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Site Details

Map Reference
Grid Reference
Unitary (Local) Authority
Isle of Anglesey
Old County
Llanddaniel Fab
Type of Site
Broad Class

Site Description
Bryn Celli Ddu is a Late Neolithic passage grave in the European Atlantic tradition, excavated and partly restored in the mid to late 1920s by W J Hemp (Hemp 1930). It comprises an outer circular stone kerb c. 26m diameter, with an inner stone arc, both of which encircle a simple passage tomb whose entrance lies on the east side. Hemps' original hypothesis, that the tomb was built within a ruined henge, is nowadays seen as problematic.

The passage tomb is one of the finest of its kind in Wales. The c.7m long inturned forecourt and stone-lined entrance passage gives access to a central polygonal chamber made of large slabs. In the north angle of the chamber is a 1.7m high smoothed stone pillar, interpreted as a 'protectress' or tomb guardian in the style of Breton tombs, or a phallic symbol. One of the chamber stones bears a small spiral carving which is probably Neolithic. A solar alignment on midsummer sunrise, first postulated by Sir Norman Lockyer in 1909, was finally proven and documented by Dr Steve Burrow of the National Museum Wales in 2005. A central pit contained the most richly decorated Neolithic carved stone in Wales. The original is in the National Museum Wales, with a cast on site.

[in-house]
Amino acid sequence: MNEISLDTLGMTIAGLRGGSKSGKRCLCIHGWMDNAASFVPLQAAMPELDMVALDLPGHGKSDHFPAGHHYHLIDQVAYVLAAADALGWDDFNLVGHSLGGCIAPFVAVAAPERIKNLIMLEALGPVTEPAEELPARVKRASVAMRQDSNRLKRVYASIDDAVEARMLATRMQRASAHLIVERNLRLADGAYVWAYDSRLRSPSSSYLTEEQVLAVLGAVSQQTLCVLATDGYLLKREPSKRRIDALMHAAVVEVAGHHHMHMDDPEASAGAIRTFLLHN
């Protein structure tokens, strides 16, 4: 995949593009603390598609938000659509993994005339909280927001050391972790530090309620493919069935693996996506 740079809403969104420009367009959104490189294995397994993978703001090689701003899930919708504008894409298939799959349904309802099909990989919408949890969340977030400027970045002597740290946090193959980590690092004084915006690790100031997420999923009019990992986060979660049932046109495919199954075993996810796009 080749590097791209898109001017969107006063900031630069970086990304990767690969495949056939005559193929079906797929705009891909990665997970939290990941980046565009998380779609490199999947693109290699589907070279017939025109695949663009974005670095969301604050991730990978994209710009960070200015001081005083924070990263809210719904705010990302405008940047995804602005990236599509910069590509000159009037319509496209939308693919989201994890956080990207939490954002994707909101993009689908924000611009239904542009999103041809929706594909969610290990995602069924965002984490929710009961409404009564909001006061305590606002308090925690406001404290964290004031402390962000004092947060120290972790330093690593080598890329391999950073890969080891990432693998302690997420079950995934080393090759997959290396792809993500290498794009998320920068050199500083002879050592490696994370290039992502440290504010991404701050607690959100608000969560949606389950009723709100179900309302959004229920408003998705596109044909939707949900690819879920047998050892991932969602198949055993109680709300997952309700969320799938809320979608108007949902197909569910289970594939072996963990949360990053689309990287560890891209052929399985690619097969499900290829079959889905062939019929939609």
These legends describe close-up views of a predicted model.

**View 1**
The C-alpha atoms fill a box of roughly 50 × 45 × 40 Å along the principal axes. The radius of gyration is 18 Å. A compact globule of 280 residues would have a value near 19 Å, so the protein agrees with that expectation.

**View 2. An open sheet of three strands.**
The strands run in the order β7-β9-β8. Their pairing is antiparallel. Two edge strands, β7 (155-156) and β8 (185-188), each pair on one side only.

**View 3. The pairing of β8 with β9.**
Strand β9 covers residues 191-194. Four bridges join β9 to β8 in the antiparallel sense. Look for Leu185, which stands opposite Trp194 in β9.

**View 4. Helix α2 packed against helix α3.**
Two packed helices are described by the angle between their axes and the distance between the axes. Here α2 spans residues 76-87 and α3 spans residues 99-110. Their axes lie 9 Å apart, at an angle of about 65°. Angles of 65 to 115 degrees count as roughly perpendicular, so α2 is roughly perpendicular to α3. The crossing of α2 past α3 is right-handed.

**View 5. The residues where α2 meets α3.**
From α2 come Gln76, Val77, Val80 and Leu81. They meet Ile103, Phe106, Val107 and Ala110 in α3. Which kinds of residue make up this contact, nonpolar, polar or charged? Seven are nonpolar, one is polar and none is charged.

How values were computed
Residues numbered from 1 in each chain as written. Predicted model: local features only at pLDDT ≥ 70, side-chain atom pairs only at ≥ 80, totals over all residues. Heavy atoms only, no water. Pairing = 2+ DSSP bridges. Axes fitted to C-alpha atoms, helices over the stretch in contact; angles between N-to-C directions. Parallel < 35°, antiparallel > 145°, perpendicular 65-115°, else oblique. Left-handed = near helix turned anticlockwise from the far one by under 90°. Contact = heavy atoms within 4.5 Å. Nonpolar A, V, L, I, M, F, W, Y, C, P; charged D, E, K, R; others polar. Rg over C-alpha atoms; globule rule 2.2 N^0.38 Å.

Bryn Celli Ddu sits at the heart of a ritual landscape, with a plough-levelled cairn just to the south (NPRN 309540), a standing stone to the south-west (NPRN 302503) and a cup-marked rock to the west (NPRN 415847). The arrangement of the passage tomb and style of the carvings has similarities with the passage tomb of Barclodiad y Gawres on western Anglesey (NPRN 95545).

Key sources:

Hemp, W.J. 1930. The chambered cairn of Bryn Celli Ddu. Archaeologia 80, 179-214.
Burrow, S. 2010. Bryn Celli Ddu Passgae Tomb, Anglesey: Alignment, Construction, Date, and Ritual, Proceedings of the Prehistoric Society 76, pp. 249-270.

T. Driver, RCAHMW, 25th Jan 2012.

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